Transcript of Get Ready Report Podcast, Episode 25

Tips for creating a useful first-aid kit

Interview with Richard Bradley, MD, associate professor of emergency medicine at the University of Texas Health Science Center at Houston. Bradley is a member of the American Red Cross Scientific Advisory Council and chair of the CPR Subcouncil of that group.

Dr. Bradley, thank you for being with us today.
My pleasure. It’s good to be here.

Let’s talk about first-aid kits. Why is it important to have a first-aid kit in your home?
First-aid kits are important because in some injuries, time is really of the essence. If someone is bleeding or if someone is not breathing, you want to be able to start treatment right away. We also want to remember that we have to be prepared for disasters and the emergency medical services that we expect to be there in just a few minutes during normal conditions may take a lot longer or may not be able to come at all if there’s an injury after a disaster.

What items should we stock in our first-aid kits?
Break down the items into the types of emergencies that you expect to face. The first thing that we would always say is, if you are going to help somebody, first of all, take care of yourself. Because we are always worried about the possibility of disease transmission from blood and body fluid, think about having a pair of disposable gloves. And if you are going to possibly do mouth-to-mouth rescue breathing, then have a barrier device, such as a pocket mask, in your kit. The next thing to think about is controlling severe bleeding. Some things to think about for controlling severe bleeding, most importantly, (are) some gauze, dressings. And then also think about less serious bleeding but still things that are important to make somebody comfortable or stabilized when you are transporting them or taking them to medical care. So of course, bandages, adhesives, gauze, also some roller gauze. My particular favorite is sterile triangular bandages, because those have so many uses.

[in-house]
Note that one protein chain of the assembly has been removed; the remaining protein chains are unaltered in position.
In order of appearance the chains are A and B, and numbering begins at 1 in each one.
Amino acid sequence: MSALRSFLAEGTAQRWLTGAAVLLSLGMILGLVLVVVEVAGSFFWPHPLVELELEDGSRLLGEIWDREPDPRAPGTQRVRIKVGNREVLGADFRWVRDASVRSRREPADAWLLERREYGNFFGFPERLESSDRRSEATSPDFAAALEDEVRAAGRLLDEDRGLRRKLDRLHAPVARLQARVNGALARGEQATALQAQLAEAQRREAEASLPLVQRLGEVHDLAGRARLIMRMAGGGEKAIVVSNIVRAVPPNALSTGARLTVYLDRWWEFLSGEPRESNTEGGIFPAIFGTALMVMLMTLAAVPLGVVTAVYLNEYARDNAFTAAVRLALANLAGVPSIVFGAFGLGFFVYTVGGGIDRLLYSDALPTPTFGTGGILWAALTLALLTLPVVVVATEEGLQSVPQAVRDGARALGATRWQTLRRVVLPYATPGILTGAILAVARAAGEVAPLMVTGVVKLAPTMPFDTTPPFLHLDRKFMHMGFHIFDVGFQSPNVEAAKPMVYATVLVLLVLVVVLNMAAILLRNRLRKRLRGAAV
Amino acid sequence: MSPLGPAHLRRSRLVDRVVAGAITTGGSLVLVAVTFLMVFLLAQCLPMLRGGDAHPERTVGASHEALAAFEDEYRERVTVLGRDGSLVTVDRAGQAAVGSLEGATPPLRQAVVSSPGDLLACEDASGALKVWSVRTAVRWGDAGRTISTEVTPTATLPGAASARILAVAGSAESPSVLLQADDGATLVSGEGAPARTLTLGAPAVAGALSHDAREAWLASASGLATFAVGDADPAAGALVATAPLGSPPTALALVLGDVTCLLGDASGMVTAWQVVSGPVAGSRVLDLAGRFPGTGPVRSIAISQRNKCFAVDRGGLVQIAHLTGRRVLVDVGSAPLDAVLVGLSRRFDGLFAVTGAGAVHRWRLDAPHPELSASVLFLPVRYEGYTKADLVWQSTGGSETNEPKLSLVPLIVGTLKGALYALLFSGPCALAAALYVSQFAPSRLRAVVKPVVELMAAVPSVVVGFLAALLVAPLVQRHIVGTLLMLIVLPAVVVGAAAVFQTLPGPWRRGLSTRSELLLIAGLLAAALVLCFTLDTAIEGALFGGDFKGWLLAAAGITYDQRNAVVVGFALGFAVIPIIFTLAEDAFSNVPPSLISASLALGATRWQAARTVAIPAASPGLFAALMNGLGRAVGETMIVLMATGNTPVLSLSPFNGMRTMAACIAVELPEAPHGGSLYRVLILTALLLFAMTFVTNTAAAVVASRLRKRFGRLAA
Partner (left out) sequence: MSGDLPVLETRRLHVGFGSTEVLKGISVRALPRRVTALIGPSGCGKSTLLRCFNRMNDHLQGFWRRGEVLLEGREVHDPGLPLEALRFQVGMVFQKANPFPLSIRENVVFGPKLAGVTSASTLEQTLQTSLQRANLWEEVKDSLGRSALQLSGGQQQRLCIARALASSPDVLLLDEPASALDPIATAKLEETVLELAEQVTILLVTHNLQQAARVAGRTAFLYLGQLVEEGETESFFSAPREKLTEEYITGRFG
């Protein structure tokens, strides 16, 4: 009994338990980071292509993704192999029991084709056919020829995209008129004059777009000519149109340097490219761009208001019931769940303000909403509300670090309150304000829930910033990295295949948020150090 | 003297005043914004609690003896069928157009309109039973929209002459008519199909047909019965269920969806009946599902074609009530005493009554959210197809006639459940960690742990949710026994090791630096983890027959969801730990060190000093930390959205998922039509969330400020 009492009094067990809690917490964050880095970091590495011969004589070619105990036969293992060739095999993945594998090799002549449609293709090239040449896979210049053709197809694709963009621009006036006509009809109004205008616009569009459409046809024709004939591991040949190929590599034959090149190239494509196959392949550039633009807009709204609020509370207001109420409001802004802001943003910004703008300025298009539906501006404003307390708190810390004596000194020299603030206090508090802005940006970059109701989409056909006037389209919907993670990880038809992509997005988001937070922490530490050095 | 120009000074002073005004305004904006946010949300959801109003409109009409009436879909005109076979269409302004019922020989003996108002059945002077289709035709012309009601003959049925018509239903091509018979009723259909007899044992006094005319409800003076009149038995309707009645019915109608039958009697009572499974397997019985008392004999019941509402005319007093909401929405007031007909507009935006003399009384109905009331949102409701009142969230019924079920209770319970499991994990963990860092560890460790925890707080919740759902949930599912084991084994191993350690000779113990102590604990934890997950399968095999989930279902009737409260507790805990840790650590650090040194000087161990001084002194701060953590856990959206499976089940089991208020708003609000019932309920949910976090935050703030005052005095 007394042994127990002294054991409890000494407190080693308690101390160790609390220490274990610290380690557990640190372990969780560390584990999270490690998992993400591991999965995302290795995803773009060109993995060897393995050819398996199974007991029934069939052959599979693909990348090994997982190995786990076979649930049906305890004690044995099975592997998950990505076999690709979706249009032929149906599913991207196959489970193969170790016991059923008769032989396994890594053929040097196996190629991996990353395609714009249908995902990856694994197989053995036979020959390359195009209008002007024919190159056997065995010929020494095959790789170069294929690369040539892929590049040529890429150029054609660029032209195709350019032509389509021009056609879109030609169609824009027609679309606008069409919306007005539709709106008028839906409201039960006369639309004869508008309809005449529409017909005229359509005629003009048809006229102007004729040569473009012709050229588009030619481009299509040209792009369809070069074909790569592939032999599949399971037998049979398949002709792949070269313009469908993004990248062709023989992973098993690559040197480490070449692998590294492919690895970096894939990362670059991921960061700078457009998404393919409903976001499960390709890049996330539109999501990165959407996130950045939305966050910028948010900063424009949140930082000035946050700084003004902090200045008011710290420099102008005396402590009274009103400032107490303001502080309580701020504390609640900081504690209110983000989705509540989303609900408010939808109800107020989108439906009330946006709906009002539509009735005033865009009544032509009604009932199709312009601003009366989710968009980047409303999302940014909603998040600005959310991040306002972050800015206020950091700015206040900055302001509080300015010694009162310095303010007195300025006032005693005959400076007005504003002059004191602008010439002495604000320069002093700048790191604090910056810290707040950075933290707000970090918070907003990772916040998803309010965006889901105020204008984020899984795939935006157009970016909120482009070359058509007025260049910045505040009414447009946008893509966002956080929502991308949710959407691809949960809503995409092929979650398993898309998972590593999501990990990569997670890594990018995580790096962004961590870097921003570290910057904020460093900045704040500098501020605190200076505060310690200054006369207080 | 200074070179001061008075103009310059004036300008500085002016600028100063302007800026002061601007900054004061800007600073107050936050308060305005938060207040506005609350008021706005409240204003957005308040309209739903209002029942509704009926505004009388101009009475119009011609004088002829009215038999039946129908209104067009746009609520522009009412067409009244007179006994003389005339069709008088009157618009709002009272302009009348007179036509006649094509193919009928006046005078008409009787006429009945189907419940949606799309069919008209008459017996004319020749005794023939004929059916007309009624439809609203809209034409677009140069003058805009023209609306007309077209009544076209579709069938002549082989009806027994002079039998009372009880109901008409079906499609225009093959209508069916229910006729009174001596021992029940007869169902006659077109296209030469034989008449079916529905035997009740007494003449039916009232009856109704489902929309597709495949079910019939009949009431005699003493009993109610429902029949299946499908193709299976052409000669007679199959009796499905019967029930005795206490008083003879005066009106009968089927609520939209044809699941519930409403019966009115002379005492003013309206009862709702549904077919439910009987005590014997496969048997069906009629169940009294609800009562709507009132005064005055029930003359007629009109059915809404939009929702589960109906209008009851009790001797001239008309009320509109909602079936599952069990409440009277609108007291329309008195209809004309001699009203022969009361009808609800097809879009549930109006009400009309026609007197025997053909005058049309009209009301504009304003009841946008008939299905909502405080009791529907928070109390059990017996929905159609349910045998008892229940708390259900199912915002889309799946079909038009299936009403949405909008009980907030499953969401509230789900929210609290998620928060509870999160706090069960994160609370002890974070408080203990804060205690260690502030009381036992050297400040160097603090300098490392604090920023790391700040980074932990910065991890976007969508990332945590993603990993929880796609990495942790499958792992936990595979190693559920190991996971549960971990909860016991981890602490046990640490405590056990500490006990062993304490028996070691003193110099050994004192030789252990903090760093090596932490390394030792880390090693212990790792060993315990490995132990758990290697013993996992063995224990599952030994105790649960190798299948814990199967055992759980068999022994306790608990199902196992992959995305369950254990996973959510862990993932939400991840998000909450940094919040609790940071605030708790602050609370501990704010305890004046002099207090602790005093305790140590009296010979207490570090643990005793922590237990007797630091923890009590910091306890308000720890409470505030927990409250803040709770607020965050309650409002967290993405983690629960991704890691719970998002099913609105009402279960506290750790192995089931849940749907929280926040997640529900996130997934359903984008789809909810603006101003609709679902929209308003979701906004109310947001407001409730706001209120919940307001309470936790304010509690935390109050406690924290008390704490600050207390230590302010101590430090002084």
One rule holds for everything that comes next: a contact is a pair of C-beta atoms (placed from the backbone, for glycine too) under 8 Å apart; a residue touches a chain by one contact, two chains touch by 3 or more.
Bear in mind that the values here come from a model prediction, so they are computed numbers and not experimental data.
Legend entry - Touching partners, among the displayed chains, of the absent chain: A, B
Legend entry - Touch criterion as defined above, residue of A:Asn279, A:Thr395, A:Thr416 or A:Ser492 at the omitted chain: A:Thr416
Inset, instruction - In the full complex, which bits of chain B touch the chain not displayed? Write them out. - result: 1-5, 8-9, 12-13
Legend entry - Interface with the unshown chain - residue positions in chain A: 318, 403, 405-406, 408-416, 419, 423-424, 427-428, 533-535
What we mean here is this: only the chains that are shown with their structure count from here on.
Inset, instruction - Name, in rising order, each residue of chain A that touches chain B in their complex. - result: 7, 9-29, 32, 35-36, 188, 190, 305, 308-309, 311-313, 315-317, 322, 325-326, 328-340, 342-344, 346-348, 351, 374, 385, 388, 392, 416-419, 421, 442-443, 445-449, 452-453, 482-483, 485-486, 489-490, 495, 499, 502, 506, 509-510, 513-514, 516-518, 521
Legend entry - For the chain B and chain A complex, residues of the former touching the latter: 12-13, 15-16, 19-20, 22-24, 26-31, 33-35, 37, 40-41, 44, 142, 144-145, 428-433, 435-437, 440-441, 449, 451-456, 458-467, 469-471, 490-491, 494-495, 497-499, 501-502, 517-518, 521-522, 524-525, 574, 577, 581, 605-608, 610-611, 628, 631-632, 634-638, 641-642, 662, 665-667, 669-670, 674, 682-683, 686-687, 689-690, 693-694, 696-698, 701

Why are triangular bandages important?
Triangular bandages are great. If you know a little bit about first aid you can do a lot of things with them. If you have the kind that are sterile, you can take them out of the package. You don’t have to unfold them, you can put them right on a wound and you can use them as a dressing to control bleeding. If bleeding is severe and if you’ve been trained, you can use a triangular bandage as a cravat and from that you can make a tourniquet for life-threatening bleeding that’s not controlled by other means. And then also you can unfold a triangular bandage and you can use it as an arm sling. So they have a number of purposes.